Christianity in the Twentieth Century: A World History
by Brian Stanley
Princeton University Press, 2018
Brian Stanley, professor of world Christianity at the University of Edinburgh, stresses in his new book Christianity in the Twentieth Century: A World History that there's more to the subject than simply Europe and America – and that there's more to the standard narrative than simply the decline of the West:
Scholars of world Christianity, in their commendable enthusiasm to redress the Eurocentric bias of so much historical and theological writing, sometimes give the impression that the declining Christianity of Europe and North America is no longer worthy of attention, for that represents the past, whereas the booming Christianity of the Global South represents the future. That is both an overreaction to previous scholarly imbalance and a potential fallacy of overconfident prediction.
“World Christianity means world Christianity,” he writes, “and not simply the Christianity of the southern hemisphere.”
Even so, the book necessarily deals extensively with North America and particularly Europe, since Christianity underwent a series of massive crises in the 20th century, a century that, as Stanley puts it, “turned out to be, not simply one marked by two world wars, but also a period in which the perennial narrative of human beings' apparently ineradicable propensity for inhumanity entered a new and peculiarly ugly phase.” In 1914 the Christian empires of the West went to war with each other – a traumatic enough commencement for the century – and the mid-century rise of anti-theological governmental systems further complicated the relationship between Christianity and its host cultures. And the rise of militant Islam naturally occupies an increasing percentage of the book's pages.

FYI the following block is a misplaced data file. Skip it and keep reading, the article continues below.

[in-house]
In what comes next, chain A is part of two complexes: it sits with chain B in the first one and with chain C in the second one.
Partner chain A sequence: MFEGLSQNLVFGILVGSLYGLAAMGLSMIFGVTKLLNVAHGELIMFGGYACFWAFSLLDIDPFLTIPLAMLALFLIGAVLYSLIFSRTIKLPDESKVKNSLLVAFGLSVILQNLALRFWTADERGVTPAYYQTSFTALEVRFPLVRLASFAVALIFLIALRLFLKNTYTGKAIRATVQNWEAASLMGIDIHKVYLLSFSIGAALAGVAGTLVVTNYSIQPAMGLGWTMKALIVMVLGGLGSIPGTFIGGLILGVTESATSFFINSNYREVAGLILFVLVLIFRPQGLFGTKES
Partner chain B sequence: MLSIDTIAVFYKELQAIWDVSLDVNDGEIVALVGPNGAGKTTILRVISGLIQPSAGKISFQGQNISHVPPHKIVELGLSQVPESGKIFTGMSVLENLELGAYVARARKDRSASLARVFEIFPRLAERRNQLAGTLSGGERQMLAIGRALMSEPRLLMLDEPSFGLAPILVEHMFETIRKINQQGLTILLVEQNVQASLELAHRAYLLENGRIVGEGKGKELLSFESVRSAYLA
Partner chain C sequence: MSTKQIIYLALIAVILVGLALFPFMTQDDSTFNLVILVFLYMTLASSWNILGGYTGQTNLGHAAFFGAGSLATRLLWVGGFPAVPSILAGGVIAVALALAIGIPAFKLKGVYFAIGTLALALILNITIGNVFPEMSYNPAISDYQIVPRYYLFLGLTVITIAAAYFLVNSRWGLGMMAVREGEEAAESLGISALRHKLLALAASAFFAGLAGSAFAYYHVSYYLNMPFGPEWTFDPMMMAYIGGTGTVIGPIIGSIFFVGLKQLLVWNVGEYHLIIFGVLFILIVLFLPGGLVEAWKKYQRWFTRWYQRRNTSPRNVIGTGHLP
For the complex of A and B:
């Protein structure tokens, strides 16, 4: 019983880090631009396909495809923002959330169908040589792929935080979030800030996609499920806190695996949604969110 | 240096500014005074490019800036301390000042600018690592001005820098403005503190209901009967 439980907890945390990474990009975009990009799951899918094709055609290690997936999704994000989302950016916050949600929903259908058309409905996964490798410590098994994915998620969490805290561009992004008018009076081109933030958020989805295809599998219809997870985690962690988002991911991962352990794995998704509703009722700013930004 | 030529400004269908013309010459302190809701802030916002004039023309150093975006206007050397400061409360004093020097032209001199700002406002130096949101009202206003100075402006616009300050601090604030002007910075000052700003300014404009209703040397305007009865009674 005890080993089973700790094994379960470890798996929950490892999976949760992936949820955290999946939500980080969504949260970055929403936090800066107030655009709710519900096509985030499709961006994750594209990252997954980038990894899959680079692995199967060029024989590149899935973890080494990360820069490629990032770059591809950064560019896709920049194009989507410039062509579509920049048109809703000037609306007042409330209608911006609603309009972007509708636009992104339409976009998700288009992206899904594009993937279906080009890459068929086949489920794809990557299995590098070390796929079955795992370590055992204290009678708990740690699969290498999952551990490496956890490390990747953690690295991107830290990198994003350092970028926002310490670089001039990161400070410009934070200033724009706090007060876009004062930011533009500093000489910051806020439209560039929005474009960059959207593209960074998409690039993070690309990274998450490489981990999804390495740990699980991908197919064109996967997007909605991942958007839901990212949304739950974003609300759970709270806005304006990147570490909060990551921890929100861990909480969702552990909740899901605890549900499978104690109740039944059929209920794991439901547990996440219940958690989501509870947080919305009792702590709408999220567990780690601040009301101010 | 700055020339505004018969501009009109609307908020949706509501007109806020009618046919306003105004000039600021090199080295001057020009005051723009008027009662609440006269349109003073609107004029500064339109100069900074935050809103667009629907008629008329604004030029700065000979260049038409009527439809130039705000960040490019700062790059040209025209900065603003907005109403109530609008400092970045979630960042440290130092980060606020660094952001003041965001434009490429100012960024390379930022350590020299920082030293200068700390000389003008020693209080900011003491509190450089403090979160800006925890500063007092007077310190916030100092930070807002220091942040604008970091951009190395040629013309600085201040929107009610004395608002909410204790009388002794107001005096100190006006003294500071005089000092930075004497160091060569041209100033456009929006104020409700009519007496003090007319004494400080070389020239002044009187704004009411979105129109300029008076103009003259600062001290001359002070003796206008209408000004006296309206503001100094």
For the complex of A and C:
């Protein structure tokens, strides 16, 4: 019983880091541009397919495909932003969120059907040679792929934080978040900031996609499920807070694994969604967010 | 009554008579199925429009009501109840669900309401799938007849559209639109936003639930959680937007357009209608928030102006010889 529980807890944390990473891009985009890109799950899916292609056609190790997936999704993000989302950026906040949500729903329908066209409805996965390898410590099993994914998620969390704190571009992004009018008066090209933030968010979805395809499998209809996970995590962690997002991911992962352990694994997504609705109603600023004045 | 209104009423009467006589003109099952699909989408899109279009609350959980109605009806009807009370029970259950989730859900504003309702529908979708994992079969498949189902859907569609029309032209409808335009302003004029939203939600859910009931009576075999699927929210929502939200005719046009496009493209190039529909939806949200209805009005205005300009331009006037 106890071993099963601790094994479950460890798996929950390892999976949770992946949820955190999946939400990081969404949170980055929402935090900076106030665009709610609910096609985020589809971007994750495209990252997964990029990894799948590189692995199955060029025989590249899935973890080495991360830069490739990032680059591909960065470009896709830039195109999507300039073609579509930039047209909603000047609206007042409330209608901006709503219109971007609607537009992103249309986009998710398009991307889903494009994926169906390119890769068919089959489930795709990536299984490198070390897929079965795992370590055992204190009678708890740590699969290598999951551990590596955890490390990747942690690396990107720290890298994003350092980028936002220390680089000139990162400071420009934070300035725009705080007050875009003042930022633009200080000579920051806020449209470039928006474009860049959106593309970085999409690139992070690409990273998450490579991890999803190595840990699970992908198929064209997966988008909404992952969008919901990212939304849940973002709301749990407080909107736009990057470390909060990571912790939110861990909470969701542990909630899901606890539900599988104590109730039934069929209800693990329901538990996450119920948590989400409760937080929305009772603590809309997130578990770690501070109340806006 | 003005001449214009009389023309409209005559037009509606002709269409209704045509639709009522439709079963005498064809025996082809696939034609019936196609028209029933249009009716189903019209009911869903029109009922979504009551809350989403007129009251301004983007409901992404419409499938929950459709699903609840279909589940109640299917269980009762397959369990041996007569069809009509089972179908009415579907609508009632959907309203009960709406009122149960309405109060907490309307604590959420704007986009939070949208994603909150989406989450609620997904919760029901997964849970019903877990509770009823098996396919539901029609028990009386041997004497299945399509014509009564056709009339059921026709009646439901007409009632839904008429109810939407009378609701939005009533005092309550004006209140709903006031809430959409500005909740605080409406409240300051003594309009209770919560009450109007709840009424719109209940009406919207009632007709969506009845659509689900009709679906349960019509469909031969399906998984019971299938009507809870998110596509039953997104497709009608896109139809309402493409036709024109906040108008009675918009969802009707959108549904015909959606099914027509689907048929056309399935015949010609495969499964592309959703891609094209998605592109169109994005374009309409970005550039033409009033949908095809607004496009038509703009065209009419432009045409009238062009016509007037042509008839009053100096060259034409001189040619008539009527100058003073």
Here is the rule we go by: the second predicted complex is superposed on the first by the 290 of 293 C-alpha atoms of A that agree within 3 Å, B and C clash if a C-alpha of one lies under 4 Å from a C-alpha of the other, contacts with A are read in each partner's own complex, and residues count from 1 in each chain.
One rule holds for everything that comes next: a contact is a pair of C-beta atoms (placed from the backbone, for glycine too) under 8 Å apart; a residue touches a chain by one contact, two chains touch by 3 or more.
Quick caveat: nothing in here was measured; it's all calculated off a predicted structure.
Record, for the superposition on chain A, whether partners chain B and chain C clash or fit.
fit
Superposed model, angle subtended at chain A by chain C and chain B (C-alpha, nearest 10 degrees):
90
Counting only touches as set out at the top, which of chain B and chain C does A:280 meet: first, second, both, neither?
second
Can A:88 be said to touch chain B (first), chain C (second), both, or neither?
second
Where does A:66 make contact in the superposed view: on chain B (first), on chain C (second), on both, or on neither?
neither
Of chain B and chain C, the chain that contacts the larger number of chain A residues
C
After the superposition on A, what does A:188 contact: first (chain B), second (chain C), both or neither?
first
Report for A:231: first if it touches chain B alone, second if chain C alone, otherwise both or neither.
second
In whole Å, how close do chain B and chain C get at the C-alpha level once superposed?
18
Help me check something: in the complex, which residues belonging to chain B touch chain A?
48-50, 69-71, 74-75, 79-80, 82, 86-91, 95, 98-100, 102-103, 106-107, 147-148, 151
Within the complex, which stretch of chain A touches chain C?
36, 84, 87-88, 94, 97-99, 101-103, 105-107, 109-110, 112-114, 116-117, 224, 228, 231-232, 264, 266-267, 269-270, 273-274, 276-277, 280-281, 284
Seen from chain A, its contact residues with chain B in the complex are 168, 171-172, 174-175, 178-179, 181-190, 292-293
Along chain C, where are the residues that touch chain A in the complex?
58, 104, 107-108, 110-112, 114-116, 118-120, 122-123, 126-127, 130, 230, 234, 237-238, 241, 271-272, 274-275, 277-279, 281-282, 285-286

Throughout, Stanley is every bit as observant of trends inside Christianity as he is tracking its relationship to the world around it. He's describing a living organism, one with a keen institutional instinct for mutation and survival, as in the example of how decoupling faith from societal power structures gradually morphed its expression:
Undoubtedly the most striking single contrast between the face of the world church in 1900 and that of the world church in 2000 is the salience and near ubiquity of Pentecostal styles of Christianity by the end of the century – forms of Christian expression that in 1900 were still uncommon and deemed to be at best eccentric and at worst heretical.
Stanley's arguments are based on wide-ranging research, and his prose is clear and largely scrubbed clean of academic temporizing. Readers of Paul Johnson's 2005 A History of Christianity or Diarmaid MacCulloch's magnificent Christianity: The First Three Thousand Years will find this volume a fascinating addition to the ongoing discussion.
Steve Donoghue was a founding editor of Open Letters Monthly. His book criticism has appeared in the Boston Globe, the Wall Street Journal, and the American Conservative. He writes regularly for the National, the Washington Post, the Vineyard Gazette, and the Christian Science Monitor. His website is http://www.stevedonoghue.com